iMP Banner iMP's contents page this monthMarch 2001
About the Net: Measuring Connectivity Infrastructure

Larry Press
Contributing Correspondent

In the November 2000 issue of iMP, we discussed the importance of policy makers and researchers having a clear understanding of the state of the Internet in a nation.  We surveyed indicators and comprehensive frameworks for characterizing Internet diffusion, including a framework defined by my colleagues and myself at the Mosaic Group.[1]  Our goal is a set of commonly accepted and defined indicators and a general framework similar to those used by economists in national income accounting.

Our current framework describes the state of the Internet in a nation using six dimensions, and, as in economics, the task is complex.  Indicators are difficult to define, and they are often imperfect surrogates for characteristics we wish to measure.  We are also hounded by technical progress that increases the capacity of current offerings and makes new options possible.

Let me illustrate by looking at one of our dimensions of Internet diffusion, Connectivity Infrastructure Four years ago, we decided to consider four components in assessing the level of connectivity in a nation:  total bandwidth of international links, total domestic backbone bandwidth, the number and type of Internet exchange points, and the adoption rate of high-bandwidth access technology.[2 We assess the level of each of these factors (Table 1) and average them to determine the level of infrastructure development.  Four years ago, this procedure seemed reasonable, but much has changed since then.  Let's look at changes in the four components of connectivity infrastructure.

Table 1.  MOSAIC Group Connectivity Infrastructure Components
International Links Domestic backbone Internet Exchanges Access Methods
Level 0 Non-existent None None None None
Level 1 Thin 128 Kbps 2 Mbps None Modem
Level 2 Expanded

>128 Mbps -- 45 Mbps

>2 -- 200 Mbps 1 Modem
64 Kbps leased lines
Level 3 Broad >45 Mbps -- 10 Gbps >200 Mbps -- 100 Gbps More than 1; Bilateral or Open Modem
> 64 Kbps leased lines
Level 4 Extensive > 10 Gbps > 100 Gbps Many; Both Bilateral and Open < 90 percent modem
> 64 Kbps leased lines

The aggregate speed of international links is an attractive indicator since it increases with the progress of the Internet and is relatively easy to measure accurately.  There are a limited number of such links to tally, and they are often registered with a regulating agency.  However, there is no upper limit to international bandwidth, which is problematical.  At the time we established our framework, we set 10 Gbps as the threshold for extensive international bandwidth, but since that time demand and technology have changed markedly.  In 1996, shortly before we established our framework, aggregate international bandwidth from Latin America was 3 Mbps.  Mexico accounted for roughly half of that, and most connected nations had only 64 Kbps, roughly the speed of a DSL modem.[2]  By the year 2000, that figure had grown to 2.84 Gbps,[3] and five undersea cables are currently being deployed that will have an initial capacity of 215 Gbps, upgradeable to 83,435 Gbps![4]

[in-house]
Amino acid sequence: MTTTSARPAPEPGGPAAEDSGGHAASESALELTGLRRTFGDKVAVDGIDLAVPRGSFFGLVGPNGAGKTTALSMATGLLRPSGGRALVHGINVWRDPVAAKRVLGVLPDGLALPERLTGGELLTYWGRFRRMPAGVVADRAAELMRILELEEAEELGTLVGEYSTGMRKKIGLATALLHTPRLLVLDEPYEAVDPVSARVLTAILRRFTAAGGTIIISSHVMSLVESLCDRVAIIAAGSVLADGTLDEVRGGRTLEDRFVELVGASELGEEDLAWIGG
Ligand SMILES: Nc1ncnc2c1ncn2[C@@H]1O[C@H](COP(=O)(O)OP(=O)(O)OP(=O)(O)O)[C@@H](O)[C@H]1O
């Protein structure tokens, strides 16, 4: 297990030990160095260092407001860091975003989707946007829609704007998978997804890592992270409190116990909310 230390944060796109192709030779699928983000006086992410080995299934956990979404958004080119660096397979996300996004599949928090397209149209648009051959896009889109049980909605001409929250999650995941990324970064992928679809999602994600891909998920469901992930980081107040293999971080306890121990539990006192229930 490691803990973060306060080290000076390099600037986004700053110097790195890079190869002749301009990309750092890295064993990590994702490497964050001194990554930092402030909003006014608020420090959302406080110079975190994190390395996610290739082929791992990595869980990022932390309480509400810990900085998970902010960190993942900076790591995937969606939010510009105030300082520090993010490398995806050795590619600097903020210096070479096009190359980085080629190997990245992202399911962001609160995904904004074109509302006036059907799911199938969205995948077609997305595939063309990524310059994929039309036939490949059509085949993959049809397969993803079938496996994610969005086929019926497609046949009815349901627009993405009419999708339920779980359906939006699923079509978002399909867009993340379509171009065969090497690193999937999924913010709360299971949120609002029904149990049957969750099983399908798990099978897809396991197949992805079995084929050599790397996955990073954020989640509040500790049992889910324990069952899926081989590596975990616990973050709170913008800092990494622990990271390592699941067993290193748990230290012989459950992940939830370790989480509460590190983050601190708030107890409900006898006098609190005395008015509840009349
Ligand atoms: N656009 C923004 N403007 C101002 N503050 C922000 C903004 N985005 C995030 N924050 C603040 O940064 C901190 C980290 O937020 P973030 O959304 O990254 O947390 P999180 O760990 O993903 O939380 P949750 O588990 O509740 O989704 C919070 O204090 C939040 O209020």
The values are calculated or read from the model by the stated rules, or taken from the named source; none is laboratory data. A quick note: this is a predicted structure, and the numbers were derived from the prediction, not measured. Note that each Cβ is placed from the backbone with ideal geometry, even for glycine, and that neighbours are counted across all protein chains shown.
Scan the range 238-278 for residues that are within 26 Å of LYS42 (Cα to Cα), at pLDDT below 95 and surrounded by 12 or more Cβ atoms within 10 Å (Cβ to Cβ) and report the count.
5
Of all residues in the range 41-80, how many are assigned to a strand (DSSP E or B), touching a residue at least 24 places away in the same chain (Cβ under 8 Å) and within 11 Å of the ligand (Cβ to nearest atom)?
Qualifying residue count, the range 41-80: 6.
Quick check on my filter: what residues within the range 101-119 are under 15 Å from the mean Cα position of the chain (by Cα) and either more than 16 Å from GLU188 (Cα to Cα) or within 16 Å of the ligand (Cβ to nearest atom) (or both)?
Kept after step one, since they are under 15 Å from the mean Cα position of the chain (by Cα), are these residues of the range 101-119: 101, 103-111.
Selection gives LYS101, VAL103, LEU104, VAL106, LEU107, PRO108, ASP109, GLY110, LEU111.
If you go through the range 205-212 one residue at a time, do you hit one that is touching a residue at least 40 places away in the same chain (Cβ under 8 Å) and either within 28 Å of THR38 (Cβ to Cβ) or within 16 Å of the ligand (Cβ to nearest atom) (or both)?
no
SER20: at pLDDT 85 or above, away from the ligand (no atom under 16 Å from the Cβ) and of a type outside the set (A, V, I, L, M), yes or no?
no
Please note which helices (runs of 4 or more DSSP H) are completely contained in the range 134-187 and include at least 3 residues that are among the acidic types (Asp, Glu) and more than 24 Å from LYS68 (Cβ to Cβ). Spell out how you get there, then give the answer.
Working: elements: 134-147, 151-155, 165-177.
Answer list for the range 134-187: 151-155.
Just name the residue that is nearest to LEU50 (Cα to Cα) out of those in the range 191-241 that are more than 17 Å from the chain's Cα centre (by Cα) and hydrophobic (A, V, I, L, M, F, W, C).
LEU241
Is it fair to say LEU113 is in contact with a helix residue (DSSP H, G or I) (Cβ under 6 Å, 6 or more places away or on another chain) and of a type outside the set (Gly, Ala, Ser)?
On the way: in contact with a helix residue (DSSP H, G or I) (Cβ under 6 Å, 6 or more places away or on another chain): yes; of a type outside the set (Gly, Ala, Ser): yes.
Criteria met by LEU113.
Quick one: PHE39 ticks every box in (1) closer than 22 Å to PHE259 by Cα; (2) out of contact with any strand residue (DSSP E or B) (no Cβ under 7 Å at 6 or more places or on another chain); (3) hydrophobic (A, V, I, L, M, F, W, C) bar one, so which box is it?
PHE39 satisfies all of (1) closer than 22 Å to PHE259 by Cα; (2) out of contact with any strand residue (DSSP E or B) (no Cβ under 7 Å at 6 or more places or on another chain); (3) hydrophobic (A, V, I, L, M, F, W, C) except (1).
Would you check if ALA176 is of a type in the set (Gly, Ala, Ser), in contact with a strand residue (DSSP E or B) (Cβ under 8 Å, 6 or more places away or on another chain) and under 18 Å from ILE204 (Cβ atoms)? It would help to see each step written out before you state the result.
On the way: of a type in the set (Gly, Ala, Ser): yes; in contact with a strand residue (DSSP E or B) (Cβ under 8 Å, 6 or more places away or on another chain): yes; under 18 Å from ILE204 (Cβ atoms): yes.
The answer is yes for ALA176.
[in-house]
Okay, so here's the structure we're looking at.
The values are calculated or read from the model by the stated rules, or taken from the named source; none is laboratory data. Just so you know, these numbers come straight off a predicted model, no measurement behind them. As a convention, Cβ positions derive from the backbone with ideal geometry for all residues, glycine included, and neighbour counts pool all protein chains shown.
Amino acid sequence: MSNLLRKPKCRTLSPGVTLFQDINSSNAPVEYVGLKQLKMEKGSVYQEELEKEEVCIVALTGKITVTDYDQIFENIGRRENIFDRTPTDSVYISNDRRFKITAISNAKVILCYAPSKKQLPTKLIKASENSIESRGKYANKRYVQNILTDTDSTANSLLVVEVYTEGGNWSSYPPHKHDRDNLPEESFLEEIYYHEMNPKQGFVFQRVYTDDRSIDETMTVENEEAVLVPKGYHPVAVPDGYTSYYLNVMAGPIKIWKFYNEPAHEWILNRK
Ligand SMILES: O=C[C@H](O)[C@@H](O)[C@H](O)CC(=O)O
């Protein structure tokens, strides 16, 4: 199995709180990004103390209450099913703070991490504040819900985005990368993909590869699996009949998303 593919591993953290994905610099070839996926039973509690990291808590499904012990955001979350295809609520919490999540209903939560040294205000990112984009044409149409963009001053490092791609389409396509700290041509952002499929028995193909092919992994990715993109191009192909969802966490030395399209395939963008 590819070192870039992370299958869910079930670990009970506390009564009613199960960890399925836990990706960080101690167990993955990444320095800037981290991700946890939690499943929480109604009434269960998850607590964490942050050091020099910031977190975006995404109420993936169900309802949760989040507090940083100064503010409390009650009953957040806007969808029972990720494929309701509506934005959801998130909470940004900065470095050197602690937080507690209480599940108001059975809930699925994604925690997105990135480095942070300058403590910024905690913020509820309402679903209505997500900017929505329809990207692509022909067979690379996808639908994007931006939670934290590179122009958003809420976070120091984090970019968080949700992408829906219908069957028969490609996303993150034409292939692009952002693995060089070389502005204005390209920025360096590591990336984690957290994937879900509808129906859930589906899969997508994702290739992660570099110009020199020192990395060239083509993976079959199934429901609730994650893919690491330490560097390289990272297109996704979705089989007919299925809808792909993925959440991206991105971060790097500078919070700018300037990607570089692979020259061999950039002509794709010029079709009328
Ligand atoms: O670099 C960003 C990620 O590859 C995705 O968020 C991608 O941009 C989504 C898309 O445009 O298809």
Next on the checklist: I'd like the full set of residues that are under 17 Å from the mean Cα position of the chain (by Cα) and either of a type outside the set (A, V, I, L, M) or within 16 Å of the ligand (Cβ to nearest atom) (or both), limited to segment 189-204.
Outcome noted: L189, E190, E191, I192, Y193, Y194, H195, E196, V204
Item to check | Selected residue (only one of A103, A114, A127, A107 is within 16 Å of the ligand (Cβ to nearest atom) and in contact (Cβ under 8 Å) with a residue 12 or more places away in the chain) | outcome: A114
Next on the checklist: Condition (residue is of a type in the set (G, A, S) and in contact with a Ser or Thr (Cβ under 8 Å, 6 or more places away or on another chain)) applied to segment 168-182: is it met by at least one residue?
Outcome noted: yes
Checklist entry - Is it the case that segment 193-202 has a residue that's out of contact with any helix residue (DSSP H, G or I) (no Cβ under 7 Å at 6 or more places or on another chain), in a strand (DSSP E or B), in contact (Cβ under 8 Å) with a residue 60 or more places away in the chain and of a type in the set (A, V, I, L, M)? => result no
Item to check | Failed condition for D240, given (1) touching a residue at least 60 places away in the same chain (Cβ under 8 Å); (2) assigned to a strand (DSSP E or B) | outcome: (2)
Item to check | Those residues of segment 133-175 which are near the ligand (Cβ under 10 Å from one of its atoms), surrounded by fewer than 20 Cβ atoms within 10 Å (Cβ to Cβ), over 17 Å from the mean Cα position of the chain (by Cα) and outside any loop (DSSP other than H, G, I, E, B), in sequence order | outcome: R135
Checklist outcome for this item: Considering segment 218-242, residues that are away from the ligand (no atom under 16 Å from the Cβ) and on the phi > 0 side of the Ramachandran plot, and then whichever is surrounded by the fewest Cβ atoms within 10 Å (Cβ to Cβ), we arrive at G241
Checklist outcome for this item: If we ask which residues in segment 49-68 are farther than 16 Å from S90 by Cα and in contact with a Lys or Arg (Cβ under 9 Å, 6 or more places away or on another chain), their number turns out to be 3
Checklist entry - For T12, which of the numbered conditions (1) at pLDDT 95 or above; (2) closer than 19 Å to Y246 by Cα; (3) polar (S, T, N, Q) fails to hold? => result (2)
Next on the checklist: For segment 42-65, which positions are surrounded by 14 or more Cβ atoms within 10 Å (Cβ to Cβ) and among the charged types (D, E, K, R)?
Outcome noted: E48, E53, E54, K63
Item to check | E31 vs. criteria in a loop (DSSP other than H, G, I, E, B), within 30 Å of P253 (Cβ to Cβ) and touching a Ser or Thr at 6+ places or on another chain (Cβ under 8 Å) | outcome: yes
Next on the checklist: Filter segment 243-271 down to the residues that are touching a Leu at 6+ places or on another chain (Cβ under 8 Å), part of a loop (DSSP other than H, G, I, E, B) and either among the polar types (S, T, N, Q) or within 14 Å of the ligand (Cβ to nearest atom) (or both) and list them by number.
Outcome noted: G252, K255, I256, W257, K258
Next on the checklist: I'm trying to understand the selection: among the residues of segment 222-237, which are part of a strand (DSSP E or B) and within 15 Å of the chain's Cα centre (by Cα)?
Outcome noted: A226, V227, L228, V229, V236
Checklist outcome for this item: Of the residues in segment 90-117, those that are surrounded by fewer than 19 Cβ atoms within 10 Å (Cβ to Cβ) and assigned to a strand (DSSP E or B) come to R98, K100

While there is nothing inherently unacceptable about a scale in which many nations may exceed the top level and few fall into the lowest category, we would probably have selected different thresholds today or we might wish to use a relative measure in such cases.  It also seems reasonable to adjust for population differences, measuring international bandwidth per capita.

Domestic backbone bandwidth is even more problematical than international bandwidth.  When we defined our framework, the U.S. National Science Foundation Network (NSFNet) was just phasing out.  Up to that time, NSFNet had been the only U.S. backbone network, and only a few commercial networks could claim to be emerging as new backbones.  It was easy to enumerate them and their intercity links.  Today, adding the speed of all backbone links is unfeasible in a developed nation like the United States.  Figure 1 shows the links in one of approximately 40 backbones that have been registered with the Cooperative Association for Internet Data Analysis.[5]  Registration is voluntary, making this figure a subset of existing links; new links are being added and old links upgraded daily, and many companies are reluctant to reveal network details.  Many links operate at 2,488 Mbps today, and we will soon have links capable of 10 Gbps, making our previous level 4 cutoff point seem small.  Measurement problems are compounded by our having no widely accepted definition of a "backbone" network. 

Figure 1.  The US Portion of the UUNET Backbone (colors indicate link speed).










Enumerating all backbone links is unfeasible today, so we must revise and simplify this element of connectivity infrastructure.  Perhaps the simplest measure would be to consider the speed of the fastest intercity link in a nation on the assumption that it would be correlated with the speed of others -- at the time one provider moves to a given speed, competitors must be nearly ready to do so.  That might exaggerate the development of a nation with a single fast link between two major cities, and sparse connectivity elsewhere, so we might want to also consider the number of backbone networks.  Of course that would require a definition of "backbone," perhaps something like "a network providing connectivity to resellers with points of presence (POPs) in at least 25 percent of the political subdivisions (states in the U.S.) of a nation."  Another alternative would be to count the percent of metropolitan areas with backbone POPs, though that would require a suitable definition of a metropolitan area.[6]